Yes, Detroit. When it comes to quarterbacks you’ve finally got it good. After decades of Eric Hipples, Chuck Longs, Rodney Peetes, Charlie Batches, Joey Harringtons and the John Kitnas of the the world–and those are the GOOD names among the bunch–the Lions are finally, firmly set at the quarterbacks position. Not just talentwise, but with a core of players whose personalities fit exactly what this team and city is looking for.
Of course it all starts–and almost finishes with–the breakout performer Matthew Stafford, but don’t forget about his backups, the no-nonsense Shaun Hill and charitable Drew Stanton who both seemed capable to lead this team in a pinch. While Hill will probably be back, Stanton will likely test the market for a #2 spot somewhere…but you never know. This amazing core could return again.
Let’s just concentrate on the man of the hour, however. Stafford not only defied critics in shattering every Detroit Lions passing record and leading his team to it’s first playoff appearance in 12 years–he did it in a completely unassuming manner. A large portion of NFL fans and national media completely dismissed Stafford’s 5038 yard, 41 TD season. “The Pushing Cris Carter for King Moron” Marshall Faulk tried to generate some buzz when he said he wasn’t impressed with Stafford’s season. Well, how about his career? Stafford has thrown 60 TD passes in the 29 NFL games he’s appeared in. Fellow 2009 1st round picks Mark Sanchez has throw 55 in 47 games and Josh Freeman 51 in 41 games. Stafford has throw for 5000 yards, something Joe Montana or Peyton Manning never did. Mashall Faulk appears to be trying to secure his place on “The View” with his meaningless, substance-less statements. Stafford’s amazing season was only made more fantastic when considering that a large chunk of his yardage came in the final 4 games, when the Lions backs were against the wall in the playoff chase. With teams keying in on Stafford–knowing the Lions inability to run the football–they still couldn’t stop him and Calvin Johnson from lighting up the scoreboard.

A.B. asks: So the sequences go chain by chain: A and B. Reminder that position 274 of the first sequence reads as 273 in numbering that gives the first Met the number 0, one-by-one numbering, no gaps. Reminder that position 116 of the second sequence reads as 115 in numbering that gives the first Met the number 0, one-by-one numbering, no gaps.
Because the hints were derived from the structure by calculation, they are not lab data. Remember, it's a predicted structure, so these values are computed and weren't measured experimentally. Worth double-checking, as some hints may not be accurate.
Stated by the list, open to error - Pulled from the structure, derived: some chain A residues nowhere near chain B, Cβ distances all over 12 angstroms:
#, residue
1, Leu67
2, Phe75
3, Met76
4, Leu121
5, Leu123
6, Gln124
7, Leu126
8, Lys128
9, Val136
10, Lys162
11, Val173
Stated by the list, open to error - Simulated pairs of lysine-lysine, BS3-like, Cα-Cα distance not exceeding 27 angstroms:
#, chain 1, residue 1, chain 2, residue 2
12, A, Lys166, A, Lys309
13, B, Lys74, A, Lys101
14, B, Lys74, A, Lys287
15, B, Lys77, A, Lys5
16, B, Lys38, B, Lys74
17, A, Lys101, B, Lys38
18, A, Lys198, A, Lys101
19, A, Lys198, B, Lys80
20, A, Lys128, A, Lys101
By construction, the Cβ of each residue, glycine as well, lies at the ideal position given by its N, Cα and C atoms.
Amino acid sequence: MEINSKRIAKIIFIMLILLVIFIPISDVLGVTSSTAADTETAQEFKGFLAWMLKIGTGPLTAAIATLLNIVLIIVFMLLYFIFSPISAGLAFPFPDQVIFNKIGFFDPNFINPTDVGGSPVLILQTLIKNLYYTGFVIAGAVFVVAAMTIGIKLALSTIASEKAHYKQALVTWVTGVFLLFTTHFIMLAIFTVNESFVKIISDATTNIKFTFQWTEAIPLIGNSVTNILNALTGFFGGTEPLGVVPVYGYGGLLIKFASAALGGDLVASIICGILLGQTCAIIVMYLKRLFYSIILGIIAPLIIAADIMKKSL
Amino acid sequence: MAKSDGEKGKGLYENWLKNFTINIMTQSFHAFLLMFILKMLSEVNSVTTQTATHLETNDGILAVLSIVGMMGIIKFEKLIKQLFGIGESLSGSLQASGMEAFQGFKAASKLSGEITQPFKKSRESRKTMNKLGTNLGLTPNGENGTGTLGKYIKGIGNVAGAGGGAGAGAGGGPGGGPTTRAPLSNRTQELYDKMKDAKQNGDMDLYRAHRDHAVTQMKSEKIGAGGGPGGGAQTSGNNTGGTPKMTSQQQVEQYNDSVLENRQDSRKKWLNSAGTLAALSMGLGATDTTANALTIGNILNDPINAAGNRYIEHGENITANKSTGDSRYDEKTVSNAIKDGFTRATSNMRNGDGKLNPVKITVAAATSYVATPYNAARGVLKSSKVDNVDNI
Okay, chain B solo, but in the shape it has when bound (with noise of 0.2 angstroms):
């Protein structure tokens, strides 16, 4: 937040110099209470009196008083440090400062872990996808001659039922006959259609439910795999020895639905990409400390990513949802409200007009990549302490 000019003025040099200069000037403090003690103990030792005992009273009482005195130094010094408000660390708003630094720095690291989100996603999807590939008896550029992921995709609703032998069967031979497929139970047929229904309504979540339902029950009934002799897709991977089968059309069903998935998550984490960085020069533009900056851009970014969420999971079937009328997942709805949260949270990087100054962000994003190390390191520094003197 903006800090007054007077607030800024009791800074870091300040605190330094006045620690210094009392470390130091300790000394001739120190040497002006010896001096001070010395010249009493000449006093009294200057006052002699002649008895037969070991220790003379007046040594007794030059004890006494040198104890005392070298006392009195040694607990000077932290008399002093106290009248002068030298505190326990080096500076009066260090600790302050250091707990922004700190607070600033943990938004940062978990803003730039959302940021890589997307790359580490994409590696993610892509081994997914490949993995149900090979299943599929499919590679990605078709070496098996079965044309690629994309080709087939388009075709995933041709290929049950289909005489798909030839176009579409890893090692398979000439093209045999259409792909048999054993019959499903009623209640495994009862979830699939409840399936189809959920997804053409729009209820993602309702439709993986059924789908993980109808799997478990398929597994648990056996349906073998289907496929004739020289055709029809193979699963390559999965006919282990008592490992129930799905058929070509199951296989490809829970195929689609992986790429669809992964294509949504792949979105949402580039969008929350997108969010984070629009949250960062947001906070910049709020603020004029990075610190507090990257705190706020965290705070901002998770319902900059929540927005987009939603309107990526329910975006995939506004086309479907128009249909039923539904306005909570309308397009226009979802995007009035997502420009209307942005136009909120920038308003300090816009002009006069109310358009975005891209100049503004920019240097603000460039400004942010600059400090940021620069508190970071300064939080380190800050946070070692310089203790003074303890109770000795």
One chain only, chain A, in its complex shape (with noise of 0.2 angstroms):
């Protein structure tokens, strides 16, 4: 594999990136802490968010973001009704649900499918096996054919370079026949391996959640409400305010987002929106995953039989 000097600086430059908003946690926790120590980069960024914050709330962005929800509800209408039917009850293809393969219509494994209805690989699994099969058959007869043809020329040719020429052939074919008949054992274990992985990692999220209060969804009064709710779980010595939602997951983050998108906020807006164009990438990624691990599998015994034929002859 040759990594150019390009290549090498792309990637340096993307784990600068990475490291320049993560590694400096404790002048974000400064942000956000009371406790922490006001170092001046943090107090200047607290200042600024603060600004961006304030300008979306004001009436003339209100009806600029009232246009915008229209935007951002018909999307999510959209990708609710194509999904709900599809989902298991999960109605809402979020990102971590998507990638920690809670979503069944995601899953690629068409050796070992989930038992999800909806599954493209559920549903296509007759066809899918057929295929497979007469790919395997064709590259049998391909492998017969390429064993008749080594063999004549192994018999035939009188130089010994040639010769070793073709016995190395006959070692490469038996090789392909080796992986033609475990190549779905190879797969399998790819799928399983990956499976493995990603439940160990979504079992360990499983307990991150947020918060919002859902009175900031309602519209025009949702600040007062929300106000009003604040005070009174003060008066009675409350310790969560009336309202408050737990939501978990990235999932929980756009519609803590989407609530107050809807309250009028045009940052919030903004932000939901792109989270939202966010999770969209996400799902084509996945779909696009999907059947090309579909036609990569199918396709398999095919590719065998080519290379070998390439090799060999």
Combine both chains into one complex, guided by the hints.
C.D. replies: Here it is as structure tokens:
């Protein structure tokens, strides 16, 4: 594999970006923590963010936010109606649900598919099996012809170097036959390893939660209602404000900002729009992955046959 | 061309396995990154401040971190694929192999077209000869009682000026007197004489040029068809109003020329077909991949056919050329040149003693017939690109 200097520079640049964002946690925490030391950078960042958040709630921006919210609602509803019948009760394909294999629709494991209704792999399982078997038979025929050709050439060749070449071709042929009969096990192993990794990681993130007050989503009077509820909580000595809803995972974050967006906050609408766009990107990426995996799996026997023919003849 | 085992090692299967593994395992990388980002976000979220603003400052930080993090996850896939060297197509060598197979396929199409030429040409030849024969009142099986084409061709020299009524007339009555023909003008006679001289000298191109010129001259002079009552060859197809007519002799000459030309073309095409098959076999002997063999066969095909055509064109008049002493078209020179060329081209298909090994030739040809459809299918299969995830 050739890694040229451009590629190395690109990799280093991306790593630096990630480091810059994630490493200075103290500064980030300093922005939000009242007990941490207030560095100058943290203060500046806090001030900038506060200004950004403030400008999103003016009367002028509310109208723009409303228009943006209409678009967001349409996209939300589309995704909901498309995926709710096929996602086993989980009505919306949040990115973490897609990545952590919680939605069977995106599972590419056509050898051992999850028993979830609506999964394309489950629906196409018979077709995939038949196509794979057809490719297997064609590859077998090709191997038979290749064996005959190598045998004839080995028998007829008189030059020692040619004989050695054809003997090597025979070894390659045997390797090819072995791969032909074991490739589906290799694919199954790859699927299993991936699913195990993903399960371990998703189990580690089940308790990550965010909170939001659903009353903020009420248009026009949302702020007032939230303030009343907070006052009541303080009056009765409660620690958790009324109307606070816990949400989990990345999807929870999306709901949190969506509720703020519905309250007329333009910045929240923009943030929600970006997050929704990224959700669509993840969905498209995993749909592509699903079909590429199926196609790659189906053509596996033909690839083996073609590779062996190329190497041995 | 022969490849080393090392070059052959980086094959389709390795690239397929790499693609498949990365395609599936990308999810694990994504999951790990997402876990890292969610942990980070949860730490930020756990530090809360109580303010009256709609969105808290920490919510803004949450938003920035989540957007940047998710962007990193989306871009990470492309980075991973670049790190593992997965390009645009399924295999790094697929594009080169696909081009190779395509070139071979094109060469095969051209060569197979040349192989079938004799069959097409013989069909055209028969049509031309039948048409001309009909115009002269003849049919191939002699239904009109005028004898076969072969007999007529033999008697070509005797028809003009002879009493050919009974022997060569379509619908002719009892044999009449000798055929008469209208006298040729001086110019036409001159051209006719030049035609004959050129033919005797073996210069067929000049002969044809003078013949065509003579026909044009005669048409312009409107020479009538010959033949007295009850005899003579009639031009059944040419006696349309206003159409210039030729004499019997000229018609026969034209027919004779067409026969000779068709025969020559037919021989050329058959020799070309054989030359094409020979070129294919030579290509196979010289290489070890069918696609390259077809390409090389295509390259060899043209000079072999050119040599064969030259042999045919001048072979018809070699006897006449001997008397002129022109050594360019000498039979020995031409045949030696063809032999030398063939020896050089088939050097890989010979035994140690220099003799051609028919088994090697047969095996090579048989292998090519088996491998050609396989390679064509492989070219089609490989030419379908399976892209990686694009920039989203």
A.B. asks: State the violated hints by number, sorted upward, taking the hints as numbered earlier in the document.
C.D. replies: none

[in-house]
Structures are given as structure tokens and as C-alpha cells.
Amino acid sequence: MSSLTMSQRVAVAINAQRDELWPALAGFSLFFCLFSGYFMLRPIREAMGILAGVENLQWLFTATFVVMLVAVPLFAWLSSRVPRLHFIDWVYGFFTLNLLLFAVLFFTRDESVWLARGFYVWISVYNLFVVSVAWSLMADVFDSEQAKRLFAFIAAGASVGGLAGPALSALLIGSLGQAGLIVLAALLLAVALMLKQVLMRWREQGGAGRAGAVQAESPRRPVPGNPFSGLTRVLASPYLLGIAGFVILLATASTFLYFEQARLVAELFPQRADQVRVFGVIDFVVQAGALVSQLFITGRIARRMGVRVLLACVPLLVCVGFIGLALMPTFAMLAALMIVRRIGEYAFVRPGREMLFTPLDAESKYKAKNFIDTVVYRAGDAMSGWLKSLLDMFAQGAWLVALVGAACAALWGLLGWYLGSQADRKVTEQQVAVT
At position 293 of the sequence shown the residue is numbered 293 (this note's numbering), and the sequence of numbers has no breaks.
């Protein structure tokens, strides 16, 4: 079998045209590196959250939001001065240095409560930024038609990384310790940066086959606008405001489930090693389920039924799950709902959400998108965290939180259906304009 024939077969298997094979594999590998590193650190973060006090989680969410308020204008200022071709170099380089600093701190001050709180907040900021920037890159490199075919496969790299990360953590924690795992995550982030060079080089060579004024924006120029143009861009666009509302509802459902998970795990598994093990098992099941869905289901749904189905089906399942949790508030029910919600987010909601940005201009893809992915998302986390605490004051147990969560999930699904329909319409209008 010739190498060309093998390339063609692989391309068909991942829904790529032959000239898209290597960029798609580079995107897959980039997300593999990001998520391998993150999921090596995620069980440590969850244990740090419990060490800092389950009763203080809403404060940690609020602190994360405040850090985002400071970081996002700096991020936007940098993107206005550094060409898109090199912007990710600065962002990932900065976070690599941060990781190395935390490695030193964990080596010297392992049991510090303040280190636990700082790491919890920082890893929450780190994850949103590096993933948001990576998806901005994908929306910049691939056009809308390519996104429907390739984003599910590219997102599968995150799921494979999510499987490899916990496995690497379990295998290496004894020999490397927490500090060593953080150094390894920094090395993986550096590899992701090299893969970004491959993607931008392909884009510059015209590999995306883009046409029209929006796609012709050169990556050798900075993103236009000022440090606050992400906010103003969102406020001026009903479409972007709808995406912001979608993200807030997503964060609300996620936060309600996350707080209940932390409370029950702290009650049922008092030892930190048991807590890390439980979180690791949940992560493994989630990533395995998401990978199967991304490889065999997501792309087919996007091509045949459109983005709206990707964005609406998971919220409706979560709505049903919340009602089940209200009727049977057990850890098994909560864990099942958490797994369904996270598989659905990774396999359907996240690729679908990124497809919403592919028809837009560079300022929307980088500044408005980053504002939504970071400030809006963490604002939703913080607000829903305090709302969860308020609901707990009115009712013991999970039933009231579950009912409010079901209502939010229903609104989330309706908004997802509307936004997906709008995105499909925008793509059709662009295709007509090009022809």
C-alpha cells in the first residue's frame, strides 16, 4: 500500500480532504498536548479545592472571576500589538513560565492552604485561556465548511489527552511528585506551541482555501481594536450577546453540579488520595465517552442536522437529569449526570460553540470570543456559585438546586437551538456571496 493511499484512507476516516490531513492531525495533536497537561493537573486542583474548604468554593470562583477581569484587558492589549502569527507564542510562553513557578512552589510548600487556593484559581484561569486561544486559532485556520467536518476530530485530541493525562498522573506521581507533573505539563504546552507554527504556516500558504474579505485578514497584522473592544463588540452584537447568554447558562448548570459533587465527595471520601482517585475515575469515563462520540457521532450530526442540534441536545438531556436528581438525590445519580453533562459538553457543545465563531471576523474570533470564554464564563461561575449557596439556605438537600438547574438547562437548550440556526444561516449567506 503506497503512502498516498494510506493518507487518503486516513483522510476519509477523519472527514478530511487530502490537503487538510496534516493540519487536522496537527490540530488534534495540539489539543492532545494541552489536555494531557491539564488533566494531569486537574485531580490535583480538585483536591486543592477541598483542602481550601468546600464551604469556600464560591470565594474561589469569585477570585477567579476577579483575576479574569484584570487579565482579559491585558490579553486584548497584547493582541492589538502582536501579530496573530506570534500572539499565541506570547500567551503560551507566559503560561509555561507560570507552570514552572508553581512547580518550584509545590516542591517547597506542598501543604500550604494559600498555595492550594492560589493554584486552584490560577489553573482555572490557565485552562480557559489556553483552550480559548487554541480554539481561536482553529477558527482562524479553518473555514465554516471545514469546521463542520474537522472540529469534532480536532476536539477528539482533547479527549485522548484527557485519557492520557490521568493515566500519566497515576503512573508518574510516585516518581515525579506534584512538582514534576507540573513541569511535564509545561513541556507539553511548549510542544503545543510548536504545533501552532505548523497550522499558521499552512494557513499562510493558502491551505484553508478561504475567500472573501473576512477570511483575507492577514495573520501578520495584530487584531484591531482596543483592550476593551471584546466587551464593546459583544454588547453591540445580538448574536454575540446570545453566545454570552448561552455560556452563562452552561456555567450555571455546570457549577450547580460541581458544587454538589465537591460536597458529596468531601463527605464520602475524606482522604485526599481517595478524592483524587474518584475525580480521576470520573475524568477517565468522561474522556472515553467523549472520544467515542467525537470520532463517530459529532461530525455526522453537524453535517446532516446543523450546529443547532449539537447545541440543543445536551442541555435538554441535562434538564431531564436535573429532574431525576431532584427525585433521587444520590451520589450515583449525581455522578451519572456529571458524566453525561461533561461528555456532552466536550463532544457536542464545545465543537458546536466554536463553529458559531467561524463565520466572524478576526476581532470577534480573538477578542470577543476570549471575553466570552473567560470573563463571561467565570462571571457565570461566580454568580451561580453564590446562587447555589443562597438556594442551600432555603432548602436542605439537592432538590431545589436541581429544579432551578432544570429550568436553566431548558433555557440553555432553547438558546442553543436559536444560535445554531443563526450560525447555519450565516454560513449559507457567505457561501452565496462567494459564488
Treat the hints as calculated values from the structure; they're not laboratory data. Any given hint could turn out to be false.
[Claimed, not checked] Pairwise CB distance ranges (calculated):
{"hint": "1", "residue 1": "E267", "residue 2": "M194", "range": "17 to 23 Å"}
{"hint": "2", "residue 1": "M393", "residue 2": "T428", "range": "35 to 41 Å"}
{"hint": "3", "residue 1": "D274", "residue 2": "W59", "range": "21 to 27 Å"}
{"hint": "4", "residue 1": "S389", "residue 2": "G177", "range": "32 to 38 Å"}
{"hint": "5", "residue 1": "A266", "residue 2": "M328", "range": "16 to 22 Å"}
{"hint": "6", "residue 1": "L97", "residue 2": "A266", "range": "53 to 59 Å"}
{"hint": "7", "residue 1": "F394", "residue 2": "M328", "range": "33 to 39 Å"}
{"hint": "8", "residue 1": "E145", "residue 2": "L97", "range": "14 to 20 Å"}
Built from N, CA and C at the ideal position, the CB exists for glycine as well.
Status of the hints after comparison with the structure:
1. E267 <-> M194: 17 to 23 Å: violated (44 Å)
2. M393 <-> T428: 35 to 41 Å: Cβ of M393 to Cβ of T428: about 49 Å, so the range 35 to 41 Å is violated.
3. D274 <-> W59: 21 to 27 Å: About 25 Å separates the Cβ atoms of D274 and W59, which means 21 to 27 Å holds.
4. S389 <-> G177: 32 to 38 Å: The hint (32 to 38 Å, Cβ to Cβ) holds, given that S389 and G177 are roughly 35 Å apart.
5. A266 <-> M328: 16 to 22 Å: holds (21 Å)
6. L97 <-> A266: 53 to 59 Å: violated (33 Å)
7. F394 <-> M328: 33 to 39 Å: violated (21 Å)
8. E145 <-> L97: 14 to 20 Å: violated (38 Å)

The greatest reason Stafford is a fit for this city–other than his toughness–is his demeanor. What does he do when slighted by the media? Nothing. He doesn’t care. He didn’t bitch like roid-raged Brian Cushing of the Texans did on his Pro-Bowl snub. He just says, “Oh well”…echoing the sentiments of his boss, Jim Schwartz, who doesn’t put much credence in the NFL popularity contests. Stafford knows how good he is and he doesn’t need anyone to reinforce that in him. And he’s no Sanchez in the spotlight, he appears uncomfortable, almost awkward in the limelight off the field, but completely at place on the field–also unlike Sanchez.
Even thought he’s a Texas kid who played college football in the SEC, he’s already Detroit through and through.